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The Way of the Guilty

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  • Posted August 7, 2010

    more from this reviewer

    I Also Recommend:

    Add Jennifer Stanley to your list of wonderful storytellers.

    Release Date August 31, 2010
    Minotaur Books
    A Hope Street Church Mystery
    (Book 3)

    The way of the guilty is devious, but the conduct of the innocent is upright. ~ Proverbs 21:8

    This story brings back Cooper Lee, Cooper's family including her sister Ashley, Cooper's co-workers at Make It Work and the Sunshine Bible Study Group.

    Cooper continues to draw closer to Nathan thinking he may actually be "the one". But her feelings will be tested.

    Make It Work is growing giving Cooper more responsibilities and as if she doesn't have enough on her plate, Ashley finds a body in the trunk of her rental car, which sets in motion a major investigation into her husband's car dealership. Many questions arise and of course Cooper is smack dab in the middle of it.

    This story highlights a lot of the news making headlines today, but I don't want to give too much away. But the ending will surprise you.

    This installment to this wonderful series is definitely edgier than the first two books in this series. I loved it. You could almost call this story "ripped from the headlines". The subject matter is current, relevant and believable.

    Cooper's life is evolving and we are getting to know our amateur sleuth better and better. The other characters are developing slowly in each story which leaves us wanting more. They are true to their faith and believe there is good in everyone, even the criminals they are trying to catch, and sometimes this wonderful trait gets them in trouble.

    This story has all the elements important in an excellent cozy - humor, romance, friendship, intrigue and mystery. All the entities that keep you turning page after page.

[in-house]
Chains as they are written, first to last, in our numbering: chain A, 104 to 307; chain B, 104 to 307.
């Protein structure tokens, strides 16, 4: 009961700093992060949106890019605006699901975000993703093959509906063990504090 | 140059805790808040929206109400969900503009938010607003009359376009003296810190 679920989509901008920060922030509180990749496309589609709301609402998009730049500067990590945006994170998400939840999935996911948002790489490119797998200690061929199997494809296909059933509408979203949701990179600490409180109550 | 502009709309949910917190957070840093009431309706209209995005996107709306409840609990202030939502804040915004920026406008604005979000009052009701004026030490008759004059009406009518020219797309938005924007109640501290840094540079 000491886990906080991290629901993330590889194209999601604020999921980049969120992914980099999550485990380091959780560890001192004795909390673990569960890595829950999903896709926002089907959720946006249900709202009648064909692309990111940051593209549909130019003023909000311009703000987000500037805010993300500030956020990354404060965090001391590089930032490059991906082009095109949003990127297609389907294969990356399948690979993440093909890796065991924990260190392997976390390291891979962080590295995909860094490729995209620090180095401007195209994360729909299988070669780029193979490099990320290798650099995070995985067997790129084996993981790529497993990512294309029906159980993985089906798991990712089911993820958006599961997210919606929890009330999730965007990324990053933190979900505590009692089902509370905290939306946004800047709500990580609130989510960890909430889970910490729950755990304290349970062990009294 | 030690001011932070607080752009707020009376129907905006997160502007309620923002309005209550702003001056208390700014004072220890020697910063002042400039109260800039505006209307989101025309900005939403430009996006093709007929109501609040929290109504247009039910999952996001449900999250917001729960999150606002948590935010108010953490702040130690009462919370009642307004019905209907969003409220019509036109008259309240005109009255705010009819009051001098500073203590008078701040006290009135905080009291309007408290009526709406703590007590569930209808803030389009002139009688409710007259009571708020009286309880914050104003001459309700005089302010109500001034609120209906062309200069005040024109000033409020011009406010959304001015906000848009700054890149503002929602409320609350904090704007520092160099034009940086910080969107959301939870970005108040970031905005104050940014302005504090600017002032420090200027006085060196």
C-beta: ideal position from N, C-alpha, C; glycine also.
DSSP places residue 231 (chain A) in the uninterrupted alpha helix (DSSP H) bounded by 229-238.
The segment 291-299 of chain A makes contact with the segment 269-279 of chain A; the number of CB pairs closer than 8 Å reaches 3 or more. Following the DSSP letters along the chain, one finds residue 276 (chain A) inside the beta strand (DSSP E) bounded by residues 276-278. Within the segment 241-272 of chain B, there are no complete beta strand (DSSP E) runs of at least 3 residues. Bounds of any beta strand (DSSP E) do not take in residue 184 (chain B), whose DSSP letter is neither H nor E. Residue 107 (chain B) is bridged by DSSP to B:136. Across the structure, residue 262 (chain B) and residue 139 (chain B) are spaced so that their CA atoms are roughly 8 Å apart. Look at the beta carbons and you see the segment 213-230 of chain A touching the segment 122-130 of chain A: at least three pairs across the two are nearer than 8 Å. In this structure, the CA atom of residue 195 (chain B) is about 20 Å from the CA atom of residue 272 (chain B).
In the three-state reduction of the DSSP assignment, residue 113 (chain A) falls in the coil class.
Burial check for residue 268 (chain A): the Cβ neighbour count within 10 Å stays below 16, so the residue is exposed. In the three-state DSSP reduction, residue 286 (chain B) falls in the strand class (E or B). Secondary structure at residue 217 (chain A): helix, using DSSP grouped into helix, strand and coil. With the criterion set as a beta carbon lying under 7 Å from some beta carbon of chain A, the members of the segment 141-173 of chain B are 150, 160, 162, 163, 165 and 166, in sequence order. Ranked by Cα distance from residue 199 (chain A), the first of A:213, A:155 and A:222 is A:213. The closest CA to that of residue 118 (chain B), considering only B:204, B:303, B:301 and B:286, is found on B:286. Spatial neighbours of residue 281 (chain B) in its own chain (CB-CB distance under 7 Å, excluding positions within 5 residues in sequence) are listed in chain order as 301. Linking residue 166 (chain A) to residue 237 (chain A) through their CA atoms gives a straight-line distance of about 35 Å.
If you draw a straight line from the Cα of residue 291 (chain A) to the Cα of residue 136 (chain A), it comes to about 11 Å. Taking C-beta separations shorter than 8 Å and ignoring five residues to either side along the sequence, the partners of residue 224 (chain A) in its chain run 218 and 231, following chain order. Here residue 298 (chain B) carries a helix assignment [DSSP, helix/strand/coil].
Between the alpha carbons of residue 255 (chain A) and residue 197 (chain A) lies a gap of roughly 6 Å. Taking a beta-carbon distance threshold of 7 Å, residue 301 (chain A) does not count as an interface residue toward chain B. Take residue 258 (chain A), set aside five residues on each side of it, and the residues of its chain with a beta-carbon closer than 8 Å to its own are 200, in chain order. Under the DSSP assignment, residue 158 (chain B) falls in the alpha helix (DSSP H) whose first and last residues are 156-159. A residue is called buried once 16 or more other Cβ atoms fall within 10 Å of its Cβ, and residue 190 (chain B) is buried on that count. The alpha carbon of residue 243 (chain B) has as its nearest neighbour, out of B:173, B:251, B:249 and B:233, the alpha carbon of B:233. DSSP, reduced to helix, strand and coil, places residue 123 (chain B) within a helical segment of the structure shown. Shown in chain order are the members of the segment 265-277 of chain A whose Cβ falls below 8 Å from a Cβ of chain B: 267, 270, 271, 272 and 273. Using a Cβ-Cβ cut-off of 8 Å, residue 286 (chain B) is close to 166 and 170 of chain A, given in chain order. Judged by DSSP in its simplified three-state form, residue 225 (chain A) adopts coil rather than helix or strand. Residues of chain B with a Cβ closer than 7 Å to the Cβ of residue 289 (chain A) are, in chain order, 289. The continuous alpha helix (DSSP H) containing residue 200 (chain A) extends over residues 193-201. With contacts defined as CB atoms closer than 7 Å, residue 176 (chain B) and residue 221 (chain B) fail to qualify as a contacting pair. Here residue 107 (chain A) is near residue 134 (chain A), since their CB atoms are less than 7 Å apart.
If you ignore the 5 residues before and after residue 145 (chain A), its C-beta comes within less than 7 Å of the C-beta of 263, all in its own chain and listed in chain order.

This series maybe called Hope Street Church Mysteries and each chapter may begin with a Bible verse, but there are no sermons anywhere is this whodunit. Each Bible study session moves the participants closer to solving the mystery, while strengthening their faith and friendships, and if they are receiving a little help from a higher power, well we all God works in mysterious ways.

    Oh, don't forget the tasty recipes.

    If you haven't already, add Jennifer Stanley to your list of wonderful storytellers.


    Disclosure of Material Connection: I received this book free from the author. I was not required to write a positive review. The opinions I have expressed are my own. I am disclosing this in accordance with the Federal Trade Commission's 16 CFR, Part 255 : "Guides Concerning the Use of Endorsements and Testimonials in Advertising."

    1 out of 1 people found this review helpful.

    Was this review helpful? Yes  No   Report this review
  • Posted July 14, 2010

    more from this reviewer

    This whodunit is riveting

    Cooper Lee has a good job, nice friends that she met at Hope Street Church who formed a Bible Study Group; a great boyfriend; and a wonderful family. Her sister Ashley does not feel as lucky because she wants a baby so badly but is having trouble conceiving due a medical condition. Ashley's husband owns a car dealership and when she is given a loaner she freaks out to find a body in the trunk.

    Cooper is on her way to Ashley's house when she gets a flat. She meets ex-con Edward Crosby who feels he owes her for uncovering who killed his father. He takes her to Ashley's place and eventually the sisters learn the victim is Miguel Ramos who worked as a head lot attendant. Cooper wants justice done by catching Miguel's killer. However, she also learns he was involved in a shady operation because he lived in an expensive place, had expensive clothing and had a wad of money in his home. Shortly after Miguel was killed, the son of the title clerk was also murdered. Cooper feels the two people murdered are linked in some way and with Edward's help, she starts down a path that she hopes will lead to a cold blooded killer.

    This inspirational mystery dramatically demonstrates that even the most diabolical person can change and seek redemption. Not preachy, this amateur sleuth focuses nevertheless on lessons learned that retain applicability today. This whodunit is riveting with a believable cast so the audience will complete the tale in one sitting.

    Harriet Klausner

    1 out of 1 people found this review helpful.

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  • Anonymous

    Posted November 10, 2010

    No text was provided for this review.

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